As an aside, Bambauer is incorrect. The idea has a third important problem, which he also points out in his post: “It’s also stupid.”

Read the whole thing here.

California gets a strengthened Breach Notification Law

Governor Brown of California has signed a strengthened breach notification bill, which amends Sections 1798.29 and 1798.82 of the California Civil Code in important ways. Previous versions had been repeatedly vetoed by Arnold Schwarzenegger.

As described[.DOC] by its sponsor’s office, this law:

  • Establishes standard, core content — such as the type of information breached, time of breach, and toll-free telephone numbers and addresses of the major credit reporting agencies — for security breach notices in California;
  • Requires public agencies, businesses, and persons subject to California’s security breach notification law, if more than 500 California residents are affected by a single breach, to send an electronic copy of the breach notification to the Attorney General; and,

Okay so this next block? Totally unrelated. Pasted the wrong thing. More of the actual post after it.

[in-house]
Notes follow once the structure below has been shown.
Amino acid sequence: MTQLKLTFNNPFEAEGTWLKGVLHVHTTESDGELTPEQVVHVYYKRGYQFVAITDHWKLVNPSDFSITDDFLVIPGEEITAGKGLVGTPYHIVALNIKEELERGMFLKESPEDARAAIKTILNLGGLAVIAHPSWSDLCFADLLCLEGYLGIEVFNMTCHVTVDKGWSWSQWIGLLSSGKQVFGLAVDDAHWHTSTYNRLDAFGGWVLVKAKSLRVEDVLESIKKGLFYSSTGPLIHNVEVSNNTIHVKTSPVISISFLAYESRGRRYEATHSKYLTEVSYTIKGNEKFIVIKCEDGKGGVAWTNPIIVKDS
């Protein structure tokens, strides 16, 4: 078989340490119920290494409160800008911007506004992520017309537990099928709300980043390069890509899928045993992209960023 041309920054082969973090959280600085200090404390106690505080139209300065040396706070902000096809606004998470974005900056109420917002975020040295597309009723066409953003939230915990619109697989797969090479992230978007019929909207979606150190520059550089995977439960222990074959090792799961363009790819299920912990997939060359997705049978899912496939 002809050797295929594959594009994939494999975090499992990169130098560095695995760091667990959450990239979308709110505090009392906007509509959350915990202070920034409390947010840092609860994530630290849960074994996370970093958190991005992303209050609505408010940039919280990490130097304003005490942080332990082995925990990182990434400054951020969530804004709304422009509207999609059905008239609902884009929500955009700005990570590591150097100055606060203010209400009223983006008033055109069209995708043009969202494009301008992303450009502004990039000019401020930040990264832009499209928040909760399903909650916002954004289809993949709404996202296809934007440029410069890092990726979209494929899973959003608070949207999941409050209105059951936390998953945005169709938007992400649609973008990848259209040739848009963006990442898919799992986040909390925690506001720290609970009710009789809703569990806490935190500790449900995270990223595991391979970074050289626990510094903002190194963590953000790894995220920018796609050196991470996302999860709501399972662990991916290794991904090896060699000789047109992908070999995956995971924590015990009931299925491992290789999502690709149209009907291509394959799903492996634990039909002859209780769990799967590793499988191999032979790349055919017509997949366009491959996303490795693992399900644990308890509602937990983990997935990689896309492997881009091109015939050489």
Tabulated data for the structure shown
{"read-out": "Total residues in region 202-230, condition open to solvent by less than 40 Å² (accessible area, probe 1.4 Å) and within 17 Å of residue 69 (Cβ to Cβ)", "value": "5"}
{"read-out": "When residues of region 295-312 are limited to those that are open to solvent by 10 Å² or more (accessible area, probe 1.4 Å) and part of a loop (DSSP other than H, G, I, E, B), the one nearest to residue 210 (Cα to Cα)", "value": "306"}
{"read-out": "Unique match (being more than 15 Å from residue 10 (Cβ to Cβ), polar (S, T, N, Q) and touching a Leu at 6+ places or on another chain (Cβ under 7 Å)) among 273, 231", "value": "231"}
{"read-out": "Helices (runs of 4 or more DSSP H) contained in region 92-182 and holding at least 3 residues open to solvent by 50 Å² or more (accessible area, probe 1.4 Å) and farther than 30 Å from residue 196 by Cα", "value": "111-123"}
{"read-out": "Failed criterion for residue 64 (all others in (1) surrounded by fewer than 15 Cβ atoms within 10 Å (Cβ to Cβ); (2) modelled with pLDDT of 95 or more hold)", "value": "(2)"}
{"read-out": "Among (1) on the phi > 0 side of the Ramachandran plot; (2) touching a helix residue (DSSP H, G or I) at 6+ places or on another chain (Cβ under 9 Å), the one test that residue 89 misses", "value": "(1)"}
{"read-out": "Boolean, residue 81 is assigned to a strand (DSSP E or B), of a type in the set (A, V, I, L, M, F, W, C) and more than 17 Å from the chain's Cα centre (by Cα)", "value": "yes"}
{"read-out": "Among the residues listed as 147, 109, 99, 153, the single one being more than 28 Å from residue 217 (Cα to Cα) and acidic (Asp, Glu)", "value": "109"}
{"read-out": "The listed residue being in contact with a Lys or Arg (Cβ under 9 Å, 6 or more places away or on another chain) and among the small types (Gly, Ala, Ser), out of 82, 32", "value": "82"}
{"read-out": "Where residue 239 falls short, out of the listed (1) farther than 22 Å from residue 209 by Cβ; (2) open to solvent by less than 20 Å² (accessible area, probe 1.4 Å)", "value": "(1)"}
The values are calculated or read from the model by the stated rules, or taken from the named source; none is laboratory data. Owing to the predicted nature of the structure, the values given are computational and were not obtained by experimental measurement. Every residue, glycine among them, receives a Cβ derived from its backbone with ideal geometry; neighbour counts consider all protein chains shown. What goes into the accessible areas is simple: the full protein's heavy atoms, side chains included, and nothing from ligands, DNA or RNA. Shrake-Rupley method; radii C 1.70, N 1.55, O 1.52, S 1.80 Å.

• Requires public agencies, businesses and persons subject to California’s security breach notification law, if they are utilizing the substitute notice provisions in current law, to also provide that notification to the Office of Information Security or the Office of Privacy Protection, as applicable.
  • senatorsimitian.com

    This makes California the fifteenth (!) state with a central notification provision on the books, the others being: Hawaii, Iowa, Maryland, Massachusetts, Minnesota, New Hampshire, New York, North Carolina, Oregon, Vermont, Virginia, West Virginia, Wisconsin, and Wyoming. Puerto Rico also has such a requirement. Ibid.

    I’m looking forward to the resulting information, and I hope California’s Attorney General has the good sense to post all received notification letters. This will undoubtedly be easier for the state than dealing with the inevitable FOIA requests, and serves the public interest by increasing transparency.